F1 analyst Peter Windsor has strongly criticised George Russell for his involvement in the collision with his teammate Lewis Hamilton during qualifying for the Spanish Grand Prix.
Windsor is now calling for tougher penalties to be implemented in future incidents.
The collision occurred on the Circuit de Catalunya straight during Q2, with the cars reaching speeds of over 180mph.
Although Hamilton only suffered minor front wing damage, the incident has ignited a debate within the sport.
Mercedes attributed the collision to a “miscommunication,” and the FIA cleared Russell of any wrongdoing after considering mitigating circumstances during their investigation.
However, Windsor believes that Russell was fortunate on two counts. Firstly, the incident did not result in a more severe accident, and secondly, he received only a warning for his actions.
During a recent live stream on his YouTube channel, Windsor expressed his dismay, stating: “It was absolutely the worst thing a racing driver can ever do. To pull out on the straight when somebody else is going much quicker than you and about to pass you and hit them… I mean, that’s how we lost Gilles Villeneuve.”
Windsor further expressed his surprise at the leniency of the penalty, saying, “I’m absolutely staggered that George didn’t get a much, much stiffer penalty.”
He believes that incidents like this require stronger penalties to clearly establish the boundaries of acceptable behavior on an F1 racetrack.
Windsor emphasized the need for action, stating, “I just think somebody needs to be doing something about that. It’s inexcusable. Why wasn’t he penalized more?… Nobody does it intentionally. If you do, you shouldn’t be in a Formula 1 car in the first place.”
The FIA, according to Windsor, should set a stronger precedent to deter such incidents from recurring.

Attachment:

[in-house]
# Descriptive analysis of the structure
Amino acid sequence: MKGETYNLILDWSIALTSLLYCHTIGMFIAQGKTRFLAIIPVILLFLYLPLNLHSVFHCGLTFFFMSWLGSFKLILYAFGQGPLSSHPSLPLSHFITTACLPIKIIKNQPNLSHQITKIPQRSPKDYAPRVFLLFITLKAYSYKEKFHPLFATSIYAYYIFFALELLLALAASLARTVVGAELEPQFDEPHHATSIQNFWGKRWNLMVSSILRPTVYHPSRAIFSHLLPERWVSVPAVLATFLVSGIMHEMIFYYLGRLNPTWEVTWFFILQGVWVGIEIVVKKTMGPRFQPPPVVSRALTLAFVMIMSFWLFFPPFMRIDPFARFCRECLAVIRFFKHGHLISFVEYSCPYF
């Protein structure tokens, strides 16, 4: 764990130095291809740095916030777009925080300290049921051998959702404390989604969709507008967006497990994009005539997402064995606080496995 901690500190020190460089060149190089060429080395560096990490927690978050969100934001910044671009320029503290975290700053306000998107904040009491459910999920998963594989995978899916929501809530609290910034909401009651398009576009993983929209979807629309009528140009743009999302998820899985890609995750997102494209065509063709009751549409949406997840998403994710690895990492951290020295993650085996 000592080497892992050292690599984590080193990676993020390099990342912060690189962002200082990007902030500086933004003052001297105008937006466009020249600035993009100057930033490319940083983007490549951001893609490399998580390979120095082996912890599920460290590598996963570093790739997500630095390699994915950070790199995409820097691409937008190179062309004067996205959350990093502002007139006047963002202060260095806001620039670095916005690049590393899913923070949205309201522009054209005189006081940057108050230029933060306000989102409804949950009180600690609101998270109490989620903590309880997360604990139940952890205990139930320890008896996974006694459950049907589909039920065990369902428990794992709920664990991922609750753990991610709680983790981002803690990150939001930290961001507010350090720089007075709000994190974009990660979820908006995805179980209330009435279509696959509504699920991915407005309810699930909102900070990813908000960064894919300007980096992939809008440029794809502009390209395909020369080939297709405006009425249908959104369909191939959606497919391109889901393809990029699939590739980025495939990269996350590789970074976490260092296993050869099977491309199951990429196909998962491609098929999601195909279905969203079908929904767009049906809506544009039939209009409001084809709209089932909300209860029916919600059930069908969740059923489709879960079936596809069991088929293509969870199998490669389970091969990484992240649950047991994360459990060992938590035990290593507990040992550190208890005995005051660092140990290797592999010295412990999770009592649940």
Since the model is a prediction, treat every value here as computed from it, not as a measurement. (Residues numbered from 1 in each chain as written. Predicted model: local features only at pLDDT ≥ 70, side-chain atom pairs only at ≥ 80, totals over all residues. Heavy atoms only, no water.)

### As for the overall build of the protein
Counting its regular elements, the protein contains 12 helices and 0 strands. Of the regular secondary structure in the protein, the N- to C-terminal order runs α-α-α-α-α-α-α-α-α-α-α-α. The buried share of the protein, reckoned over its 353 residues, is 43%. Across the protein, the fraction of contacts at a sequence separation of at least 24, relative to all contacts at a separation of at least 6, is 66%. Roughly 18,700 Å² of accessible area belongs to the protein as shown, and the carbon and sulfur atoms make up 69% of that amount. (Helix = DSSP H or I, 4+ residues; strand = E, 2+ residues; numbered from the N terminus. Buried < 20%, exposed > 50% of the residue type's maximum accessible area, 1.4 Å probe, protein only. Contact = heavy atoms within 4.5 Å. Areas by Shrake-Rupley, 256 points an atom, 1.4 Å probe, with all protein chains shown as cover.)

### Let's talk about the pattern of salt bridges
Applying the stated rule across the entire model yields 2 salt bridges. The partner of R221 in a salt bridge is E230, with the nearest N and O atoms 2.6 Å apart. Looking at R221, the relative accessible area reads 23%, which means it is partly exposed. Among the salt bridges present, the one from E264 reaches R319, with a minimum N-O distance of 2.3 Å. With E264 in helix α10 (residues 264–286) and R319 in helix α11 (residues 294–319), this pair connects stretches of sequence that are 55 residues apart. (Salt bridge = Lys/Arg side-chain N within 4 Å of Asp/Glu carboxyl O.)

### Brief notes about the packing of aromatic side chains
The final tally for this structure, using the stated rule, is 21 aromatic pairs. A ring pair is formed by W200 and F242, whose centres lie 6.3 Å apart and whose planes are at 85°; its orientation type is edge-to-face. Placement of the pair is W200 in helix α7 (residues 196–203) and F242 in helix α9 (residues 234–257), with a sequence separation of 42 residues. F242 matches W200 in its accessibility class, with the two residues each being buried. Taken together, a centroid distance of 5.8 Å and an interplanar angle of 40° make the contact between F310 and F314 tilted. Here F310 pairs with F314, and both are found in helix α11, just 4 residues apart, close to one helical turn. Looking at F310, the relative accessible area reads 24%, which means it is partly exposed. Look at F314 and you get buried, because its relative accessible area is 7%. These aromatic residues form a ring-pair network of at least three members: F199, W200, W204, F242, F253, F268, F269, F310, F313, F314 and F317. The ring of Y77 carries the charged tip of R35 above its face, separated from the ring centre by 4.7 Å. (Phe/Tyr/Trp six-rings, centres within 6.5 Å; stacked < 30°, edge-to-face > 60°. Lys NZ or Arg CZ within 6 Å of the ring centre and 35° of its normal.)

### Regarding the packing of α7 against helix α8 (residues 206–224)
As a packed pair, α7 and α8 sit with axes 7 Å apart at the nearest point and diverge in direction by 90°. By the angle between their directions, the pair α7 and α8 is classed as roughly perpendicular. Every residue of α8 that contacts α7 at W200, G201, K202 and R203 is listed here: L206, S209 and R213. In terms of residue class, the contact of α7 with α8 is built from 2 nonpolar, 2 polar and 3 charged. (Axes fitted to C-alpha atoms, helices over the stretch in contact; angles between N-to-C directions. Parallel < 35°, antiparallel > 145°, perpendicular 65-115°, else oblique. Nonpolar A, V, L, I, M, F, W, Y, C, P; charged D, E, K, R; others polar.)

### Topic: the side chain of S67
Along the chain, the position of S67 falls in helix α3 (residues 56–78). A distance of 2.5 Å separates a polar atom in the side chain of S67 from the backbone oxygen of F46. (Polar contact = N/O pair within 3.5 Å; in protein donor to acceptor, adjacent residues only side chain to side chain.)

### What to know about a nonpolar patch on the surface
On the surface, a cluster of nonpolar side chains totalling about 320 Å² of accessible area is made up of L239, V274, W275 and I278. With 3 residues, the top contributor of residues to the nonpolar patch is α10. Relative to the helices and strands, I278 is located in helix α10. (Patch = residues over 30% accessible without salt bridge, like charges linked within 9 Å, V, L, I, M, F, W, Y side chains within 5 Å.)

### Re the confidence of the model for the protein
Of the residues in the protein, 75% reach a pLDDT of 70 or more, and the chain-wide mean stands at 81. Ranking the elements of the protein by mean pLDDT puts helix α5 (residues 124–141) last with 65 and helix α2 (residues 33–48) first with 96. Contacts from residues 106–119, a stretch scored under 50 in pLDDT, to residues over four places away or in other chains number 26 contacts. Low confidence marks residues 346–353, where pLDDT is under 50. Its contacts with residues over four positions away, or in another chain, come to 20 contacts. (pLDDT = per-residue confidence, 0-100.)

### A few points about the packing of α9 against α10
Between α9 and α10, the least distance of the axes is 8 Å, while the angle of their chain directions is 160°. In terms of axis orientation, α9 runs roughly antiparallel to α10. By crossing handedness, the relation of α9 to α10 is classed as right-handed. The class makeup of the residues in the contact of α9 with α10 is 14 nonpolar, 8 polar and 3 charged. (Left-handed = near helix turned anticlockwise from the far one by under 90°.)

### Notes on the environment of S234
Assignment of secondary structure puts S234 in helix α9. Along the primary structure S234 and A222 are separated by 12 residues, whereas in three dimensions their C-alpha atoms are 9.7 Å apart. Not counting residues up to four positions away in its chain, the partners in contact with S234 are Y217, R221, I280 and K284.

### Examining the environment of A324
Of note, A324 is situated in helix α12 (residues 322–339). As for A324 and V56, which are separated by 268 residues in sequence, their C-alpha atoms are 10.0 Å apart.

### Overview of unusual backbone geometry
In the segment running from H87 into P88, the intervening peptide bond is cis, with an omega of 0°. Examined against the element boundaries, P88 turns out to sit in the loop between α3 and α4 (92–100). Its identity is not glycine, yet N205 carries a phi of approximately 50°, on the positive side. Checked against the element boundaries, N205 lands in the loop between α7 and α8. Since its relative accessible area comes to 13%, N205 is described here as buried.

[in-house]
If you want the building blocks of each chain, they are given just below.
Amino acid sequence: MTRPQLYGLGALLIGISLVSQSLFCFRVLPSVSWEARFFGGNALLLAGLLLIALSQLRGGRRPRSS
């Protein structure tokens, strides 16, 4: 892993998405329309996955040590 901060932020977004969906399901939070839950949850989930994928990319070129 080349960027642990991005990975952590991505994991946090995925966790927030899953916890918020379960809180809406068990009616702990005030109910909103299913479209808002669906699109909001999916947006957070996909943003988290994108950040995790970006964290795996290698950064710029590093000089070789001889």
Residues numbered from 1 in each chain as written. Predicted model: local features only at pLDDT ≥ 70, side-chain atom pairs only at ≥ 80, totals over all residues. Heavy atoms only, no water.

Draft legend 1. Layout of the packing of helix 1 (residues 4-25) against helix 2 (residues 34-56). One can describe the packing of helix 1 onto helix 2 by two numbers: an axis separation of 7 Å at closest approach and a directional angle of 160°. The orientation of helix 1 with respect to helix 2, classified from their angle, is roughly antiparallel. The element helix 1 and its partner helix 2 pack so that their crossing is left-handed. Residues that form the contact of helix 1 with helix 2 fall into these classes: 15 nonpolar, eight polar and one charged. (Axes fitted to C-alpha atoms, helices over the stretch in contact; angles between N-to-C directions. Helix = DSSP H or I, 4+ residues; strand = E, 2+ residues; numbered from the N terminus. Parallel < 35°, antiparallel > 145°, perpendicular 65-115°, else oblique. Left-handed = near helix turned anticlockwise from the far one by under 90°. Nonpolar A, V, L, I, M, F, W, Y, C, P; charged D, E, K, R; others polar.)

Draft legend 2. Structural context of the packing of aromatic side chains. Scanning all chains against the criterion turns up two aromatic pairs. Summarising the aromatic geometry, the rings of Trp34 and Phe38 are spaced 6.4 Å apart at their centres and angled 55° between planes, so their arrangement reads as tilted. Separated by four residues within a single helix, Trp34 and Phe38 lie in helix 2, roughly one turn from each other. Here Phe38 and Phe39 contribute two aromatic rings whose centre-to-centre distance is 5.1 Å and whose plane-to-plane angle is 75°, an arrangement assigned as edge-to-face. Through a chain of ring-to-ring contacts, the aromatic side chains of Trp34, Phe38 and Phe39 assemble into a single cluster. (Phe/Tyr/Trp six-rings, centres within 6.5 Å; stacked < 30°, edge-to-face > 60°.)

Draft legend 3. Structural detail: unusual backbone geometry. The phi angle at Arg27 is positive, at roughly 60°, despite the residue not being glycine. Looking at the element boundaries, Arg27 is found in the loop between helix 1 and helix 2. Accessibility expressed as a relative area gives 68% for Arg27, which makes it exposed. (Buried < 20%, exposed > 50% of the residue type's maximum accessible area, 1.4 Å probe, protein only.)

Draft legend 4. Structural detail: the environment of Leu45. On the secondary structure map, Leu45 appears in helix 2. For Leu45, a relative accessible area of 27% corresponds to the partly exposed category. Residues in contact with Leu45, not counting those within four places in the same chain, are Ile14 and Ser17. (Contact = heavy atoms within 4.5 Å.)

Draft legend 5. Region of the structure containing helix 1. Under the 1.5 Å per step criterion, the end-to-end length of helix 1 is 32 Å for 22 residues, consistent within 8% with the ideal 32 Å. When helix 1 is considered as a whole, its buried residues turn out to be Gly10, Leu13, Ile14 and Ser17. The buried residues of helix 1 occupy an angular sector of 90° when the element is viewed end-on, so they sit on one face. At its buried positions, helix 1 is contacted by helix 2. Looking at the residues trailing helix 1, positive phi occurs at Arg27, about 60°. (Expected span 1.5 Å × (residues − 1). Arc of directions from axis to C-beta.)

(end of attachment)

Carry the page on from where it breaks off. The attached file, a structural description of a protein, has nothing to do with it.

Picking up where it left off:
He speculated that Russell’s influential position within the Grand Prix Drivers’ Association (GPDA) and his positive reputation might have influenced the relatively lenient penalty decision.
However, Windsor asserted that intentionality is not the point, as no driver should engage in such dangerous manoeuvres.
“I just think somebody needs to be doing something about that. It’s inexcusable,” he said.
“Why wasn’t he penalised more? And I think that’s possibly to do with the fact he has got quite a senior position with the GPDA and he is very well thought of.
“I think that’s probably why George does get away with it because he’s got this senior position now and they think, ‘Well, you know, he wouldn’t do it intentionally’.
“And that’s not the point. Nobody does it intentionally. If you do, you shouldn’t be in a Formula 1 car in the first place.
“It was obviously a misunderstanding. But they [the stewards] seem to say ‘oh, well, because Mercedes and it was split between the two Mercedes drivers because it was a miscommunication. It was unfortunate, but we’ll try and make sure it doesn’t happen again, slap on the wrist, completely wrong.’
“It’s actually even worse that it was his team-mate because in reality, he should have been looking in the mirrors even more.”
As Mercedes heads to Montreal for the next race, both Russell and Hamilton will be hoping to avoid any further miscommunications.
The team is aiming to solidify its position as the second-quickest team in the F1 hierarchy, following their double podium result in Barcelona.